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Sunday, February 3, 2013

Whaleboat for Charles W Morgan

There is an old tradition at work in Martha's Vineyard

This winter, Gannon & Benjamin Marine Railway on Vineyard Haven harbor is at work recreating a small piece of the nation's maritime history. The Island boatbuilders, designers and builders of pleasure craft large and small, power and sail, are building one of the whaleboats that will be carried by the Charles W. Morgan, the last remaining wooden whaleship and the oldest American commercial vessel still in existence.

In all, nine whaleboats are under construction by third parties that include, in addition to Gannon & Benjamin, the Lowell Boat Shop and the Philadelphia Independence Seaport Museum.

Meanwhile, work has begun in the austere surroundings of the Gannon & Benjamin shop, which but for the use of electricity, resembles an 19th-century shipwright's premises.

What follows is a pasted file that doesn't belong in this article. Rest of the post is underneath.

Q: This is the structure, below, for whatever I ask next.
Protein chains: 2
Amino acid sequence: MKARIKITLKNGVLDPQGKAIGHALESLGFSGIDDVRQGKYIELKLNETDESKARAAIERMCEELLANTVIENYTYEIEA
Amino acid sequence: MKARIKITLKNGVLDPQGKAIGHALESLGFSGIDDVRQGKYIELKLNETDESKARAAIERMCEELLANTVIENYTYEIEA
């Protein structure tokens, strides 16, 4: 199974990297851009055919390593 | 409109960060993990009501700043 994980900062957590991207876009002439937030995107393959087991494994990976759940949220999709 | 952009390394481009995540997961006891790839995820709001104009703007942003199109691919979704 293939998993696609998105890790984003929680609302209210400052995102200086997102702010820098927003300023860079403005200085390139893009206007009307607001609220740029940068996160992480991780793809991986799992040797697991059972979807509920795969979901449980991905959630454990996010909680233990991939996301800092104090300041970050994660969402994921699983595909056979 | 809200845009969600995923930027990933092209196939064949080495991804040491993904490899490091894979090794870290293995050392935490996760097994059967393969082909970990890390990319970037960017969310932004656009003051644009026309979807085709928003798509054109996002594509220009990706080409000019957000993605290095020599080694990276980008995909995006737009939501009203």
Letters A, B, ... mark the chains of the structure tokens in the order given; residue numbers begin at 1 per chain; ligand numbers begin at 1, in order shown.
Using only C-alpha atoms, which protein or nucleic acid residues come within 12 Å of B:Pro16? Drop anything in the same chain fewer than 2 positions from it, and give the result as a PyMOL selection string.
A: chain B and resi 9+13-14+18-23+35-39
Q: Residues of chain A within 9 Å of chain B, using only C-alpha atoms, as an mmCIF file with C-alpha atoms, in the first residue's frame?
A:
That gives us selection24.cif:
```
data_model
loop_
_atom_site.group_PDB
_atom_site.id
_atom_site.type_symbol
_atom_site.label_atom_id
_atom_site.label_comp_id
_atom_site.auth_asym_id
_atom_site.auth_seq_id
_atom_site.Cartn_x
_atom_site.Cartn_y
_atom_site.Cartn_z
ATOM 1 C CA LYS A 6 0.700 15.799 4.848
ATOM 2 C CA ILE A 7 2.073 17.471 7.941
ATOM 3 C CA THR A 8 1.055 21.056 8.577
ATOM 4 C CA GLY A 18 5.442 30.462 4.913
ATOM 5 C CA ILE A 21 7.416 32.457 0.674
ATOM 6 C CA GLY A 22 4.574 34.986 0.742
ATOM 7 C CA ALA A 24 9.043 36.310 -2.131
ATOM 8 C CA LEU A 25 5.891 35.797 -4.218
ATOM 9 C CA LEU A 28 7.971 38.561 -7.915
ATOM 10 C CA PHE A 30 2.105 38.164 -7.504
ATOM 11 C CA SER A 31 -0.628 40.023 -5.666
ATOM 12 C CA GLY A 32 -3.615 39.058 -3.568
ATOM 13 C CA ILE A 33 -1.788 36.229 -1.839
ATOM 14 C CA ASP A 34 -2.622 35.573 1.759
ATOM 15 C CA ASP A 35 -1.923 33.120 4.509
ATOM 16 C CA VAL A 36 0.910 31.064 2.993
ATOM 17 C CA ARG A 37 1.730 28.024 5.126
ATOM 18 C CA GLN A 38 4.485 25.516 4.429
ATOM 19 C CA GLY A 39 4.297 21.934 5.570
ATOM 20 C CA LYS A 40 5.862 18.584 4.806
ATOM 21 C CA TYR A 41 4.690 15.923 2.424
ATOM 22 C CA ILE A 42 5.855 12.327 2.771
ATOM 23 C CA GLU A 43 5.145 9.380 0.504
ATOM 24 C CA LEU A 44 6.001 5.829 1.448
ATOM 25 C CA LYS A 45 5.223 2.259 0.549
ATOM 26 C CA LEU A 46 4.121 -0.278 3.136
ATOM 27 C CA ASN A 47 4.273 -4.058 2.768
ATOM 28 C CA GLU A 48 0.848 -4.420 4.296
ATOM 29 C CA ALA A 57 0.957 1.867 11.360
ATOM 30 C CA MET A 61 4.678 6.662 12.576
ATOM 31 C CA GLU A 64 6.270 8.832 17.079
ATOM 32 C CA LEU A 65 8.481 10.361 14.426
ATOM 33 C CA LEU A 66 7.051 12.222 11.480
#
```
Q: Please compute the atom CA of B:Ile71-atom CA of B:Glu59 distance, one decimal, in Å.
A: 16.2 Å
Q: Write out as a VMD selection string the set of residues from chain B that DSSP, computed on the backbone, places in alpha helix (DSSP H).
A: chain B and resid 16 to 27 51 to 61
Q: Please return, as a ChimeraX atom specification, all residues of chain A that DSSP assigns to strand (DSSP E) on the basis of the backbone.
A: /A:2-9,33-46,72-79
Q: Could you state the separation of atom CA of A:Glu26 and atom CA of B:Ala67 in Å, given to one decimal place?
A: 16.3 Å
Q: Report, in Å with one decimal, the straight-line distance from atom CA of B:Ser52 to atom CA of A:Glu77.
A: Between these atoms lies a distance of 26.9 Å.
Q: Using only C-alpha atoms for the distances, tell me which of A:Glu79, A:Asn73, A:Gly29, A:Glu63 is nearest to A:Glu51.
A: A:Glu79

According to Virginia Jones, Gannon & Benjamin office manager, the Morgan was built by the Hillman family who originally came from Chilmark. Seven of her series of masters were from Martha's Vineyard, as were many of the crew on her 37 voyages.

"We feel that it is particularly appropriate for a Vineyard boatyard to participate in this noteworthy project," Ms. Jones said in an email to The Times that highlighted many of the past and present Island connections to the project.

Ms. Jones said Morgan's last skipper was Captain George Fred Tilton from North Road, Chilmark. He served as port captain for the Morgan. He wrote about his sailing adventures, although not on the Morgan, in a book titled "Cap'n George Fred," which includes an account of his efforts to save an Arctic whaling fleet caught in the ice. "A must-read classic for every Island school kid," Ms. Jones said. "His perilous walk is quite an adventure story."

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